Welcome to the GerryChainJulia wiki! Thank you for taking the time to use, test, and/or learn about our package.
GerryChain is a package (originally written in Python) for building ensembles of districting plans by using Markov Chain Monte Carlo (MCMC). From the Python GerryChain page: "The basic workflow is to start with the geometry of an initial plan and generate a large collection of sample plans for comparison. Usually, we will constrain these sampled plans in such a way that they perform at least as well as the initial plan according to traditional districting principles, such as population balance or compactness. Comparing the initial plan to the ensemble provides quantitative tools for measuring whether or not it is an outlier among the sampled plans." You can think of each step in the Markov Chain as generating a new districting plan.
Julia is a highly-performant, dynamically-typed programming language suitable for scientific and numerical computing. You can see a comparison of performance between Julia and Python performed by NASA here; long story short, Julia tends to be much, much faster than Python. At the same time, Julia has the benefit of "looking like Python"; users of the Python GerryChain package will find that GerryChainJulia will feel and look surprisingly familiar.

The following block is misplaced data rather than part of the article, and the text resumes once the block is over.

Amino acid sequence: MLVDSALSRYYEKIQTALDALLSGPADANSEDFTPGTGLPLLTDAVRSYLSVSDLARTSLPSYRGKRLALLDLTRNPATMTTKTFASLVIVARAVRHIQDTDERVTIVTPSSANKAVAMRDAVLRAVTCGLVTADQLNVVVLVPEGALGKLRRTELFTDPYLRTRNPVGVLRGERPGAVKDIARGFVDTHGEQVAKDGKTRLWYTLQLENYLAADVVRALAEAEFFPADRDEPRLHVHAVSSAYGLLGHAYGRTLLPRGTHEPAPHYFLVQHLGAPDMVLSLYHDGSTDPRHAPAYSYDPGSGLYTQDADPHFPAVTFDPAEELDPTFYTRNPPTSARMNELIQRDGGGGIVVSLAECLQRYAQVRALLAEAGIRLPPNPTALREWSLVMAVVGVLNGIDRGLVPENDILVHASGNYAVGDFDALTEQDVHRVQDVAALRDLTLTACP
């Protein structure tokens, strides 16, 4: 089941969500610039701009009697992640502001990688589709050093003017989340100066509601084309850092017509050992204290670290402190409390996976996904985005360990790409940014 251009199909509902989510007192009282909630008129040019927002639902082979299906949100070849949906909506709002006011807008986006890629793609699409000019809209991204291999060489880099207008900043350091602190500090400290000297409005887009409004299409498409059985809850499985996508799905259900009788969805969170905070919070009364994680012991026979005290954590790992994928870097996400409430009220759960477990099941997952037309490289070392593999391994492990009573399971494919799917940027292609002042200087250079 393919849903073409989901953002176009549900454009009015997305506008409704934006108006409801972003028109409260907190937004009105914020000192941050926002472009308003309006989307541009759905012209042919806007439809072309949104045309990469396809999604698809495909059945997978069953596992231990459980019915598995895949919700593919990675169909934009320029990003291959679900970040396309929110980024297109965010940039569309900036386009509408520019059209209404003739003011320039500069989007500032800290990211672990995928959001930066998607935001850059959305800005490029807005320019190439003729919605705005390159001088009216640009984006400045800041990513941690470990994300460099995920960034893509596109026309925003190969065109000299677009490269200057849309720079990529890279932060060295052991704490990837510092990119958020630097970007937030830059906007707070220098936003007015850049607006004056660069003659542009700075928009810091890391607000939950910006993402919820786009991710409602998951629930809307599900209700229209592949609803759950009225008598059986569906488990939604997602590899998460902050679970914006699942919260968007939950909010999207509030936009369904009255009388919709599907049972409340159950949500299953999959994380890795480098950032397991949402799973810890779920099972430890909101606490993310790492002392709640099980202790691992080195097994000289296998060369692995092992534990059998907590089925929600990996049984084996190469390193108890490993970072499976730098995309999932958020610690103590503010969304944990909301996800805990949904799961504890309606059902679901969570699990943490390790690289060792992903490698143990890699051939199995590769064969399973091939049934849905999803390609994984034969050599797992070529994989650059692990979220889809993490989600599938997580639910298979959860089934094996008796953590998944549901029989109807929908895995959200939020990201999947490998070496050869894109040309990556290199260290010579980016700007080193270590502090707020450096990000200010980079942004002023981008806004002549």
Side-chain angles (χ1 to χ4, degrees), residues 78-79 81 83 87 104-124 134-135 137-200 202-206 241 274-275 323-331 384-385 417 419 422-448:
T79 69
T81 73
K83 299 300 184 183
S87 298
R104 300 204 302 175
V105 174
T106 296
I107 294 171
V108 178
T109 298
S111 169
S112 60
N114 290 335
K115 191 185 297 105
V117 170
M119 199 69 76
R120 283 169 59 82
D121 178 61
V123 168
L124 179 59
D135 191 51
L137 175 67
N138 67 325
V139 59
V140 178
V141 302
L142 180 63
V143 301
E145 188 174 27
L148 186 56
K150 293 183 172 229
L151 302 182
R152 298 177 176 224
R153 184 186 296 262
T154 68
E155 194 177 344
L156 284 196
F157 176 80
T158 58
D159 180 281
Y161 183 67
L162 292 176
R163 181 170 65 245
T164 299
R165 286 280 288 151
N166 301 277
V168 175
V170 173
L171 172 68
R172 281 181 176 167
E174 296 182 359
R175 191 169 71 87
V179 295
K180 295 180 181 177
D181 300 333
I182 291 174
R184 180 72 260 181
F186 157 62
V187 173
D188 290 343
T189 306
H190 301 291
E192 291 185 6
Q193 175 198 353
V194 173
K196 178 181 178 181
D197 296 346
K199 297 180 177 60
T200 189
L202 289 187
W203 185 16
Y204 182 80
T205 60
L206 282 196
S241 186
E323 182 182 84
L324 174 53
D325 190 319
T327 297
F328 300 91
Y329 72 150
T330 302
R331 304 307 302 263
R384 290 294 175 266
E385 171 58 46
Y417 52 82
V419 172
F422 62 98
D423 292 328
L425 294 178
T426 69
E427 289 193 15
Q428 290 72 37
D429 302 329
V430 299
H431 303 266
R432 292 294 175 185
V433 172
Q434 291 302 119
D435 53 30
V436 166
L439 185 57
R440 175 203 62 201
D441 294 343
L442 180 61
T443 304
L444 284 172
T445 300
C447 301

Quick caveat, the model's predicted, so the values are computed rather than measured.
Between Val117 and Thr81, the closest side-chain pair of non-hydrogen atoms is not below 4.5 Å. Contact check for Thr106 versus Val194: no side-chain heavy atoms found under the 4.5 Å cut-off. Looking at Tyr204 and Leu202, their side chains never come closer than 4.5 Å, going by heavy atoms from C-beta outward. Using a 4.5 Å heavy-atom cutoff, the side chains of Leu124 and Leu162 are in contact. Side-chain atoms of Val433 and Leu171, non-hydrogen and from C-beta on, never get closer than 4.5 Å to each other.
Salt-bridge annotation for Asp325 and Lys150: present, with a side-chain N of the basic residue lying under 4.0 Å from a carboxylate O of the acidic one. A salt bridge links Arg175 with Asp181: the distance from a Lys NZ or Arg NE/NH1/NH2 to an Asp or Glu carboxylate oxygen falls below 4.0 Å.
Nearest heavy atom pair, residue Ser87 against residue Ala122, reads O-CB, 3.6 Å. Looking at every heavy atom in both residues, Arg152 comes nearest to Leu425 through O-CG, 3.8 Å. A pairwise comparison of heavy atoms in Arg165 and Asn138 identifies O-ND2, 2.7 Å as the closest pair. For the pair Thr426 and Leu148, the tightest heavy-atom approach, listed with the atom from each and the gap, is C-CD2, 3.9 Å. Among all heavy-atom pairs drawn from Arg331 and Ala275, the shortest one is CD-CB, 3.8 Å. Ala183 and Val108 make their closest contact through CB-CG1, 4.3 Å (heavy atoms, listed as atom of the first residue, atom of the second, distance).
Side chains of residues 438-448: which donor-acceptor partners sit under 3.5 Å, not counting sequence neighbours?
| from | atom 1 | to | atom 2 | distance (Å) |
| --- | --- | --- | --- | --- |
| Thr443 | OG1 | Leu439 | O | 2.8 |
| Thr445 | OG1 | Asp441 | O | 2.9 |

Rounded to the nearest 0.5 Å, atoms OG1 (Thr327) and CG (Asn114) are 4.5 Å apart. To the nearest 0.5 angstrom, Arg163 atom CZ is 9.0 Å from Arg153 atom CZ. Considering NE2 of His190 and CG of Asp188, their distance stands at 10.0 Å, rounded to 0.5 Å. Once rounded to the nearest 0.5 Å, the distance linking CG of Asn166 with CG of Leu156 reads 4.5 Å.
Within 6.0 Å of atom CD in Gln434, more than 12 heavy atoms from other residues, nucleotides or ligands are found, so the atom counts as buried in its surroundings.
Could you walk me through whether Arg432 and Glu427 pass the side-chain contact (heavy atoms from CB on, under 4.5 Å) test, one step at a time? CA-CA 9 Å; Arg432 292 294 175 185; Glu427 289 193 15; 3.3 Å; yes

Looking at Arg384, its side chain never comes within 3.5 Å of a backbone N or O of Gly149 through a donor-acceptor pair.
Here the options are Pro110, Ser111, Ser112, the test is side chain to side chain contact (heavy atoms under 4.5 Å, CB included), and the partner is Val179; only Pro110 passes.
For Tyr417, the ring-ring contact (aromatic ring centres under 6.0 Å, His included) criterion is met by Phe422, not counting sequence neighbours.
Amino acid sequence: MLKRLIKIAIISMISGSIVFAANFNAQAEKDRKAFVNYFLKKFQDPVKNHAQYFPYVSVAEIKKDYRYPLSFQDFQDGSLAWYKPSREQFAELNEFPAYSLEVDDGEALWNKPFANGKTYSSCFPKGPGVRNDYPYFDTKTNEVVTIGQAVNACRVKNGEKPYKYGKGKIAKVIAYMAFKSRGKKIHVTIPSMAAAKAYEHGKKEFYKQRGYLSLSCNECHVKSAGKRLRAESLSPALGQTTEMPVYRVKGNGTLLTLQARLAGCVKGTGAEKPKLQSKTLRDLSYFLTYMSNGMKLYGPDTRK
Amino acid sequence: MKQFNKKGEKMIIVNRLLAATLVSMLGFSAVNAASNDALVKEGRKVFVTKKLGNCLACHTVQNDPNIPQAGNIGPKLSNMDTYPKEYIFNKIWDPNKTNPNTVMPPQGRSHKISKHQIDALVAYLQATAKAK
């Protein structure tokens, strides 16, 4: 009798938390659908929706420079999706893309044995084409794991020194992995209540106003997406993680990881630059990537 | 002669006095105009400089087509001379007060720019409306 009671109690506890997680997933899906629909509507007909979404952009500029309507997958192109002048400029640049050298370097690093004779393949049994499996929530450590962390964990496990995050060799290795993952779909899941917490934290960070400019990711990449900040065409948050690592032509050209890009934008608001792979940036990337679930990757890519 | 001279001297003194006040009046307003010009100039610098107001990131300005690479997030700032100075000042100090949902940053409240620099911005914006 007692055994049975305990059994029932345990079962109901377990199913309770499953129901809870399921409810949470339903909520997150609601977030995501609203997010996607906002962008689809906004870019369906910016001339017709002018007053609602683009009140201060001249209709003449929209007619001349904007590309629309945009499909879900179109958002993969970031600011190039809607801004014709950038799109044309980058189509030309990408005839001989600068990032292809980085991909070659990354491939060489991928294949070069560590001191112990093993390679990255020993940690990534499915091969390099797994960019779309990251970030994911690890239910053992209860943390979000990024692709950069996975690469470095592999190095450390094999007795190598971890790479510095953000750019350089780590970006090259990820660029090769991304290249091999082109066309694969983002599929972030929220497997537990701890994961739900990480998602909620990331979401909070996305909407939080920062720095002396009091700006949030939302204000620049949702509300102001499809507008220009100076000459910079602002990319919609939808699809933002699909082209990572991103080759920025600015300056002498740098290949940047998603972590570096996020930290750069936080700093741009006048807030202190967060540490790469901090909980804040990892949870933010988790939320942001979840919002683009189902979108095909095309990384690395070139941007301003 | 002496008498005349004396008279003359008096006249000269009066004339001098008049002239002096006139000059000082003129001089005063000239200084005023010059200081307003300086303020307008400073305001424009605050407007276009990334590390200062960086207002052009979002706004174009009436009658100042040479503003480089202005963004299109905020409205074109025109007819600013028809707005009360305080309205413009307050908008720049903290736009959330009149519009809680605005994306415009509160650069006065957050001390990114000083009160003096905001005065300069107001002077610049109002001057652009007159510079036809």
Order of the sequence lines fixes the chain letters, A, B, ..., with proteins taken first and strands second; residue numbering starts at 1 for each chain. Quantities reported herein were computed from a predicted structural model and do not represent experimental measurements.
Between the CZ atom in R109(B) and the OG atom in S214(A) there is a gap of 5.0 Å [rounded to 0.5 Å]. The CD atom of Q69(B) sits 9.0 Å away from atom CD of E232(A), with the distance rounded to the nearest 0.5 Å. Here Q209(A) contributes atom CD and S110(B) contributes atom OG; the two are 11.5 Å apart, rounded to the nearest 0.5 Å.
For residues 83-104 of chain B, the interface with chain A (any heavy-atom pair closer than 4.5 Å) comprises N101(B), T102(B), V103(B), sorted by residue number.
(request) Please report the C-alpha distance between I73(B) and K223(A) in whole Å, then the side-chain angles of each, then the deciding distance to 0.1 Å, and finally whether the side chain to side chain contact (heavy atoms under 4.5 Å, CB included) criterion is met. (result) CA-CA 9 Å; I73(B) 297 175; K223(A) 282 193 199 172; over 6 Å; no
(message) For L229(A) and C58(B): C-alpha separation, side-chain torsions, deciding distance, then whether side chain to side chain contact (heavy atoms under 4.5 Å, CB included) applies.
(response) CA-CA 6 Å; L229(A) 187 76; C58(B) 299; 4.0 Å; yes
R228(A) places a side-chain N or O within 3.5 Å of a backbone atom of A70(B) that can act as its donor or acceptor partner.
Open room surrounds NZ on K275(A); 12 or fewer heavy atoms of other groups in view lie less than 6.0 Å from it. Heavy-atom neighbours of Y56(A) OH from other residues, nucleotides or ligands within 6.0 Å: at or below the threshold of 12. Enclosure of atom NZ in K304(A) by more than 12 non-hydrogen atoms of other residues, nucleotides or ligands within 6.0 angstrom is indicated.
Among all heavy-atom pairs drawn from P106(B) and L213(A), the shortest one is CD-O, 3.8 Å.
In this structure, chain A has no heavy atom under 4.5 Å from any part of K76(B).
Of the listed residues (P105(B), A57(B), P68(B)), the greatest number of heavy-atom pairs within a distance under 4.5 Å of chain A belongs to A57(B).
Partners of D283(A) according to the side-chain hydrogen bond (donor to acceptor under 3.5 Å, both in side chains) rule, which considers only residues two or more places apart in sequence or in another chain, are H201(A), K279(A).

At a fundamental level, GerryChain exists because it is infeasible to compare an initial plan to the complete universe of possible districting plans for a particular region. (In many cases, there are more possible plans than atoms in the universe!) Through the GerryChain approach, we instead take a "random walk" in the universe of possible plans, generating some finite number of plans, to which we can then compare our initial plan. Speeding up the GerryChain computations with Julia means that we can generate a number of plans an order of magnitude greater than what we could achieve with the Python library in the same amount of time, with the intention that the subsequent analysis is more robust.